So what are Pachauri’s expenses?

      • Jim Cripwell

        You ask

        What are Pachauri’s expenses?

        Just his airline bill must run into the hundreds of thousands, not counting hotels, meals (even if he skips meat), etc.

        But it’s apparently not a figure that’s available to the public.

        Max

    • Agreed, Speed. They’ll have to carry him out on a stretcher. Of course if you’re a skeptic, you want to keep him right where he is. He’s every bit as valuable in that regard as Michael Mann.

      • Indications that few alarmists really believe in our impending doom are that circus clowns such as Pachauri, Michael Mann, and Al Gore have been allowed to lead the movement. If the future of human civilization were really at stake could anyone allow these jokers to remain on center stage???

      • Sounds like a red shirt gloating, Ski.

        Denizens are used to better than that.

    • It seems a quarter million is a paltry sum for the big job of sinking Western Civilization.

  38. In a polarized world critique by one side presented in the way expected from that side has little influence on anyone. Those who already had the same view may applaud, those from the other side dismiss the critique without reading it.

    Those in the middle to the extent of being willing to listen to good arguments from both sides are also discourages from reading more by any obviously one-sided argument. I did buy the earlier book of Leframboise thinking that I could learn something worthwhile from it, but that was not the case. She presented so many accusations that I knew to be wrong or seriously misleading that I couldn’t trust any of those on which I had no further knowledge. There were certainly also points on which I agree, but that doesn’t save the value of the book for me.

    I have commented previously that I didn’t like the recent book of Mann any better. I’m critical on writings of both sides when I feel that the author either willingly or due to the narrowness of own perception end up in writing what I feel as not true or presented in a highly misleading way. What was more interesting in Mann’s book is that learning something about Mann (both what it tries to tell and the opposite) is of some interest, while learning about Leframboise is not.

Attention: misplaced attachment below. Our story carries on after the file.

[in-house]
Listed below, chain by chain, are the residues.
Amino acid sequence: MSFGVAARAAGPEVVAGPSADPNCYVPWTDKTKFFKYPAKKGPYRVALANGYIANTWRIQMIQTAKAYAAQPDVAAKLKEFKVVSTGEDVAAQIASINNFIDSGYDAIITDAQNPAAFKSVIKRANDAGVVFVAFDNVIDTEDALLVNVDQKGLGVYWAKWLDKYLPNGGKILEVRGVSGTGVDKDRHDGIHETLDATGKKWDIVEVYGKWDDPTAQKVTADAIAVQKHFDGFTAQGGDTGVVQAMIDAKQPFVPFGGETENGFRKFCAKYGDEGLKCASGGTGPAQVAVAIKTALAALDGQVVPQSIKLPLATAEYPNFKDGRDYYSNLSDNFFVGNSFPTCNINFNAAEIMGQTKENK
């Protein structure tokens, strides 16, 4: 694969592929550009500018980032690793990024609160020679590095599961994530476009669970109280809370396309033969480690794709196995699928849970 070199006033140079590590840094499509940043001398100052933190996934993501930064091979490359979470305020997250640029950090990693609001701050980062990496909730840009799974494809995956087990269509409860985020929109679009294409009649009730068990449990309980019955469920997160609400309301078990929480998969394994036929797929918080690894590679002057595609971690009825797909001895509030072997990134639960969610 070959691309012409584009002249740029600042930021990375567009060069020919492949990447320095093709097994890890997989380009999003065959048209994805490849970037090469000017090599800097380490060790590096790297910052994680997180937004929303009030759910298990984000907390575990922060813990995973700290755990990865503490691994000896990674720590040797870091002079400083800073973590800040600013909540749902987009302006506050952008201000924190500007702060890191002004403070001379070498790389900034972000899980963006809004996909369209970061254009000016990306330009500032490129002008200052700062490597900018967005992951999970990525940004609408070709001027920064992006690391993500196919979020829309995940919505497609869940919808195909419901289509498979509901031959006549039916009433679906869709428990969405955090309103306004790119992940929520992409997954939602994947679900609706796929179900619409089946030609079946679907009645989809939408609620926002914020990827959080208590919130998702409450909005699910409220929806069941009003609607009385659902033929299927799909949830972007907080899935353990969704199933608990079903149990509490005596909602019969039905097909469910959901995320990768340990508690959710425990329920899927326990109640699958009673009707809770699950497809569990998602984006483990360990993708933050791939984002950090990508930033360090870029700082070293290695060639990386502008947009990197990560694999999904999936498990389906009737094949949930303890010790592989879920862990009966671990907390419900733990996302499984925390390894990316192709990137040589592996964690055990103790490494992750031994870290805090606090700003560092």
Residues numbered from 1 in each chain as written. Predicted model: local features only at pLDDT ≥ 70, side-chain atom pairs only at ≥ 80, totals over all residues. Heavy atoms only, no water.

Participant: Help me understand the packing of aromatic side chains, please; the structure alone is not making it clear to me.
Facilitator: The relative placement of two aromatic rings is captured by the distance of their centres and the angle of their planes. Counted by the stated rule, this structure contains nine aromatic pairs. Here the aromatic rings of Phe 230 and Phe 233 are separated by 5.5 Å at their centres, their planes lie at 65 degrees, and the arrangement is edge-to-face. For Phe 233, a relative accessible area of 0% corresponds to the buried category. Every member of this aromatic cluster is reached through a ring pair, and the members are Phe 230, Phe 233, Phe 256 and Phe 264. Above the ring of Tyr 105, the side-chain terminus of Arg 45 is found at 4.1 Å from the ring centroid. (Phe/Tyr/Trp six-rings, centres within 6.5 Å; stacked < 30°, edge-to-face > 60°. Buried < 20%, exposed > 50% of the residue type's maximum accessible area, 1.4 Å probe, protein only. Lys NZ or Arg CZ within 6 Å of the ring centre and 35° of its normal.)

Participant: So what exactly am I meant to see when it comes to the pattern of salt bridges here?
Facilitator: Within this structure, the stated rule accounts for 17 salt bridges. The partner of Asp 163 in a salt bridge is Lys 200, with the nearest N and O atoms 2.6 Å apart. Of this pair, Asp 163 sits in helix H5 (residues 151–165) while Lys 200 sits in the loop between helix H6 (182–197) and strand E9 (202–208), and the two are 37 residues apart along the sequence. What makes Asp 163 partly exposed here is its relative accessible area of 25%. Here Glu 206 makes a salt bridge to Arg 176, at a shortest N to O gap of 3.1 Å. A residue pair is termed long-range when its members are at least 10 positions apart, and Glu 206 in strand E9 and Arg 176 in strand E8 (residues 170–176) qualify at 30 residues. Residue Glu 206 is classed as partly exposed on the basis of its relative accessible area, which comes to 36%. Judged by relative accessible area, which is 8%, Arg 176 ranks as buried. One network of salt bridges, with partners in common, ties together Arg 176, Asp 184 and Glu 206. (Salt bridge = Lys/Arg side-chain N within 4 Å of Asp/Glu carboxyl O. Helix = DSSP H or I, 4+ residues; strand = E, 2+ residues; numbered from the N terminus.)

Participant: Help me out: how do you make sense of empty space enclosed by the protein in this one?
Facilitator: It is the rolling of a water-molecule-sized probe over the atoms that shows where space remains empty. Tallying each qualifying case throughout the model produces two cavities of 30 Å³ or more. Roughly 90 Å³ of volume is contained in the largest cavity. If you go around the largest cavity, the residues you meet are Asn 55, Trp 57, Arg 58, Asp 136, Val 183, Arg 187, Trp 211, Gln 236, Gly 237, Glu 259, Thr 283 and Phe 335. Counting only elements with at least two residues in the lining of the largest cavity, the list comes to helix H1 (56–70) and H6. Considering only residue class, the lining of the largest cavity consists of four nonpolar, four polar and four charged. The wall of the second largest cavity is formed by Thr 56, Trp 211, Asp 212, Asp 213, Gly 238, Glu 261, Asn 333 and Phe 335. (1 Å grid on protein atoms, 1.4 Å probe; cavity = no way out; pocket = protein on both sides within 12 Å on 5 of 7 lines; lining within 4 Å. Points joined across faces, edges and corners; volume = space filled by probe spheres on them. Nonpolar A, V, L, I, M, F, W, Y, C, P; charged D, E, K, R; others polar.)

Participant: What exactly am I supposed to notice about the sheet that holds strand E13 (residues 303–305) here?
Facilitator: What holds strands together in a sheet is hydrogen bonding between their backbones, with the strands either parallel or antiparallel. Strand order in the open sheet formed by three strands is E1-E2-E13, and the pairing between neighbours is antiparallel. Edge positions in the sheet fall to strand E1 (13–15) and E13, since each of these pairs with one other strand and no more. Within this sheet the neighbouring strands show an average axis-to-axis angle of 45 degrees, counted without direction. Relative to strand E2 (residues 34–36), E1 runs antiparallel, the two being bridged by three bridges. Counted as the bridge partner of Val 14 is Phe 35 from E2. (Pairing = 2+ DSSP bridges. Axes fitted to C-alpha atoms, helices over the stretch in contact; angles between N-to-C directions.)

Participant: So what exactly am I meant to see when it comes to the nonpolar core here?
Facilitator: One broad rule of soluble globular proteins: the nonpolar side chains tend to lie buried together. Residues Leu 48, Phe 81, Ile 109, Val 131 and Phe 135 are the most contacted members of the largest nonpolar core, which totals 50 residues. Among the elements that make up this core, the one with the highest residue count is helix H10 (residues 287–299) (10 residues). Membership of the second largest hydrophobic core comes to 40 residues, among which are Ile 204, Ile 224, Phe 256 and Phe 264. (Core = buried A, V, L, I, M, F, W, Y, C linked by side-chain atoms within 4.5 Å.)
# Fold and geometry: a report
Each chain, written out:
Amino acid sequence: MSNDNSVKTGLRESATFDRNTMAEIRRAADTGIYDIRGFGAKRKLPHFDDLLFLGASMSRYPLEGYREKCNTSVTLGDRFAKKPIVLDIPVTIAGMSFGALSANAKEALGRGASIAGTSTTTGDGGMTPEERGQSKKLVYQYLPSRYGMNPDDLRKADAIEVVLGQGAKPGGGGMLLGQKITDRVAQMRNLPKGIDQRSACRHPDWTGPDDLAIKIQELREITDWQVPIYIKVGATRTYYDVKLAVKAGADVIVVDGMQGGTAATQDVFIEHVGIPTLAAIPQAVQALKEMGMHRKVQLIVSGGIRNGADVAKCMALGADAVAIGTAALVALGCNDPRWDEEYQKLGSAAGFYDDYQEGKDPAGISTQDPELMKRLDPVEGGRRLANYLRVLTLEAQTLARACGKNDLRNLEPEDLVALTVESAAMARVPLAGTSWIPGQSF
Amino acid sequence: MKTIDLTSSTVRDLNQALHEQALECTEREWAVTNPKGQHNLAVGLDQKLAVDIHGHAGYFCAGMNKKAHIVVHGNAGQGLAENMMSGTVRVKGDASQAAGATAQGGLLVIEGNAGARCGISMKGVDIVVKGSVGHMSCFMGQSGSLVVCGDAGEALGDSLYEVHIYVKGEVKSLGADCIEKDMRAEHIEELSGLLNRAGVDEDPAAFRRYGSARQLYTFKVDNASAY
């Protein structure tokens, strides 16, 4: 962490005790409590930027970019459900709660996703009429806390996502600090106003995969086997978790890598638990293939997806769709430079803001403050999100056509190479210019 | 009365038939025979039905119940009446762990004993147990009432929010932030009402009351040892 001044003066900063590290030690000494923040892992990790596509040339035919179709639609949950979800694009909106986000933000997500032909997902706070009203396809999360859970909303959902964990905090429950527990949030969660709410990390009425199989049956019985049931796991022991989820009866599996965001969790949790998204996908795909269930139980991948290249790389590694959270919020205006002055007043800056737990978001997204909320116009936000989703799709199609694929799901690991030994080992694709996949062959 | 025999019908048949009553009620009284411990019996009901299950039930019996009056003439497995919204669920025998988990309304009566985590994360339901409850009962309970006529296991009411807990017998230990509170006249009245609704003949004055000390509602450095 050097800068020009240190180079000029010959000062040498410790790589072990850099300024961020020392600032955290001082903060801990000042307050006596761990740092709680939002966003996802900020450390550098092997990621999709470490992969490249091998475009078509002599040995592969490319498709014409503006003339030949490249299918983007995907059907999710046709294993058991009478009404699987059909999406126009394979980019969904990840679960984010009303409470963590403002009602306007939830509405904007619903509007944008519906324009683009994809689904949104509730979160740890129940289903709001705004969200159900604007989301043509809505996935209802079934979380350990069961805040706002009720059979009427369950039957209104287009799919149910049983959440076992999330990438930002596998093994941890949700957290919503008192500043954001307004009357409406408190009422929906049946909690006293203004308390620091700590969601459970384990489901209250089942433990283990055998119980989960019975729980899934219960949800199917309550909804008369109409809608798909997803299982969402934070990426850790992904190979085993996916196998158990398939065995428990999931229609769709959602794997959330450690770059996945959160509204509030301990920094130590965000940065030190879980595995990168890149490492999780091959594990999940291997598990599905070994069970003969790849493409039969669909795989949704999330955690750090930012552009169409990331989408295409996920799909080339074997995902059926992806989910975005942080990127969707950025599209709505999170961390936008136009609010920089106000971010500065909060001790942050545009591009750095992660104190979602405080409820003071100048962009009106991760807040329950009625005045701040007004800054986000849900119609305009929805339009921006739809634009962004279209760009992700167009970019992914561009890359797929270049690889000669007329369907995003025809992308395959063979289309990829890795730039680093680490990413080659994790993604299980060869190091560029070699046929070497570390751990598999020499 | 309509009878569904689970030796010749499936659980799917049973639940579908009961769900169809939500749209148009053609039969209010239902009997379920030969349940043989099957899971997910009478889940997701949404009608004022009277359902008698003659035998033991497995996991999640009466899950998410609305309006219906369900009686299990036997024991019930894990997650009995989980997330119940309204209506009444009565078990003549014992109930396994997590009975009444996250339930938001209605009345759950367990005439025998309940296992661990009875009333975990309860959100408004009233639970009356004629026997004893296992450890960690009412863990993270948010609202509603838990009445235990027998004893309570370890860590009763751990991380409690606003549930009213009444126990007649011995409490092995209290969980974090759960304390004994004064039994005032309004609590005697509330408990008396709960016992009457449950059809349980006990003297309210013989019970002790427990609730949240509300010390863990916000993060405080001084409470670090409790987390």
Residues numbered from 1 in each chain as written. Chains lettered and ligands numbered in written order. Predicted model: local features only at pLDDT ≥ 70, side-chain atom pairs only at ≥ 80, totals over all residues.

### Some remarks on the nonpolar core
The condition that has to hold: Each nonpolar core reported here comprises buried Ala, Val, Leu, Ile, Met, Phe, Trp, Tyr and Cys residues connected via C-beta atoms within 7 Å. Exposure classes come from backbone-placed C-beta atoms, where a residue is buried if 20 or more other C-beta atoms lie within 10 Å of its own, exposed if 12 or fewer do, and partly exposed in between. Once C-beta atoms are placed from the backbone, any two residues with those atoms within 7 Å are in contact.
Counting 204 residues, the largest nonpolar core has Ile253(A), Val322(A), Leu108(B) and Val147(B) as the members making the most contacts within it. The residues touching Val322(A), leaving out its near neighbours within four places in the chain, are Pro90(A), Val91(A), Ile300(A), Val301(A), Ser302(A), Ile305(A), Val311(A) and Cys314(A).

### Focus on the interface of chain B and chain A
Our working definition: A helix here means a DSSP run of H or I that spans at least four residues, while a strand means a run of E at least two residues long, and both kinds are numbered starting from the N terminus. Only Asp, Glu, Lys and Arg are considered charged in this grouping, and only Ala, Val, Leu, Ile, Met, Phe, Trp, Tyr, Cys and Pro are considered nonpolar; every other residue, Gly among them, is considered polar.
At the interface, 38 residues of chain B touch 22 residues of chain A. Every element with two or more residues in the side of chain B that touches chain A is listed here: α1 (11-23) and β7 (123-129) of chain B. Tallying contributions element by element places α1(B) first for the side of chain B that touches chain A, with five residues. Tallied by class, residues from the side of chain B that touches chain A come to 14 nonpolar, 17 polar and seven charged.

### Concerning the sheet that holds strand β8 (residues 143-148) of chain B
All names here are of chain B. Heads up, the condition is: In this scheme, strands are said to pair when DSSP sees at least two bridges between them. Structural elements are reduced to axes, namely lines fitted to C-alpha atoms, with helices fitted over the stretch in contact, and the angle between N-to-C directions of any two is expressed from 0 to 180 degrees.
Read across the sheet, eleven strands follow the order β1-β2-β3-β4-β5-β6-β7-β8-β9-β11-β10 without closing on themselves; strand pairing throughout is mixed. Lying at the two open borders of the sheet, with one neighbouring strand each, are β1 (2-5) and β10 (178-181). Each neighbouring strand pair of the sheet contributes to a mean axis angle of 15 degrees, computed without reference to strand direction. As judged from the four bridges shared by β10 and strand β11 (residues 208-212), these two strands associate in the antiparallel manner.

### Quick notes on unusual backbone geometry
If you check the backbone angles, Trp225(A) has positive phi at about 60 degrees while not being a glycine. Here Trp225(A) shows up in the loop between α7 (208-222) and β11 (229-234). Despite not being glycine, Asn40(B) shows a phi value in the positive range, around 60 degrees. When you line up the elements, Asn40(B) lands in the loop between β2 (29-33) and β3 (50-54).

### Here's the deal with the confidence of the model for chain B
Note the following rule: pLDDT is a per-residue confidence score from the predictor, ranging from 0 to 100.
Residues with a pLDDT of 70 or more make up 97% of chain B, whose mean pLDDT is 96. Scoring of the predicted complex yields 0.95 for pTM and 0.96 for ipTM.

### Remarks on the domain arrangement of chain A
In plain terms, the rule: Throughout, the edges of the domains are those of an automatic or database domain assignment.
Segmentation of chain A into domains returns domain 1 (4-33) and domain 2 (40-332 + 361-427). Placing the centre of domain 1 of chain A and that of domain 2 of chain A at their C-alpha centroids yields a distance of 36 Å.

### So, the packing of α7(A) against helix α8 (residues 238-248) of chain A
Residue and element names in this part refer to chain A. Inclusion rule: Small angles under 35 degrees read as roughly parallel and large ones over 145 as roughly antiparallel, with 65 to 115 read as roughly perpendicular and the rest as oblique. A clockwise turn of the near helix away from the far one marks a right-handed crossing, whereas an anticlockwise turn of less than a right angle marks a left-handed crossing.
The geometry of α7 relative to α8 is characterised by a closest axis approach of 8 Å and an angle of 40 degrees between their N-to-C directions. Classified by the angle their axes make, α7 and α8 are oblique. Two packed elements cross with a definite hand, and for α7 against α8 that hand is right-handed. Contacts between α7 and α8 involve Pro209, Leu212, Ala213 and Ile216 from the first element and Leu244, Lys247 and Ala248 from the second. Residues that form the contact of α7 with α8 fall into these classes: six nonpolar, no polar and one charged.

I don’t plan to buy this book, one from the author was one too much for me.

    • > She presented so many accusations that I knew to be wrong or seriously misleading that I couldn’t trust any of those on which I had no further knowledge.

      What misleading accusations do you have in mind, Pekka?

      Many thanks!

      • The first impression was created by the introductory chapters, which were supposed to tell about the importance of the book – they did, but in the opposite direction of what apparently was the purpose.

        A more specific list would require some re-reading of the book, but I’m not going to do that.

        My main point was directed to the general value of clearly partisan books, my experiences with those two books were presented as descriptions of what’s likely to be true more generally with such books.

        I wrote some comments at the time of reading the books. Those might contain some further details, but I’m not going to search for those either.

      • I would appreciate hearing more about this also. Laframboise’s points seem well documented, although I agree that she puts her own spin on things.

      • Found it, Pekka:

        > There’s certainly essential things to criticize in IPCC, and I have proposed myself that major changes should be made. I have also been very critical on WG2 and WG3, but presenting “evidence” as the book does is really terrible. When that sets the tone, I cannot take anything else seriously.

        https://judithcurry.com/2011/10/19/laframboise-on-the-ipcc/#comment-124289

        There might be others.

      • Another one:

        > I have now continued reading the book. The problem is that it’s so strongly tilted towards standard skeptics’ arguments that nobody on the other side of fence will give it practically any weight. I’m not interested in reading selectively picked lists of potential problems and references to strongest critiques whose opinions are already known and predictable. If a book proceeds along those lines too far, the rest will not be read by anybody disagreeing.

        https://judithcurry.com/2011/10/19/laframboise-on-the-ipcc/#comment-124319

        Laframboise does not seem to have a mediational style.

      • This, Pekka, might deserve discussion:

        > It’s right to criticize IPCC, but the type of criticism Laframboise has presented does not help in creating something better. It has obviously very different goals. She shows no attempt in understanding the reasons for IPCC’s existence or the realities, under which it working.

        https://judithcurry.com/2011/10/19/laframboise-on-the-ipcc/#comment-125442

        If Donna’s editorial practices have not changed much, this criticicism would still have some currency.

      • “A more specific list would require some re-reading of the book, but I’m not going to do that.”

        Oh no. Easier by far to make unsubstantiated claims, Pekka. You must real how weak you sound here. Res ipsa loquitur.

      • Beware your wishes, Poker.

      • You ought to be in pictures…

        http://radaronline.com/exclusives/2013/09/fourth-positive-hiv-test-porn-industry-exclusive-epidemic/

        2035, Polar Bears, Lost Heat, AGW, AID WHO NOW…more that 4?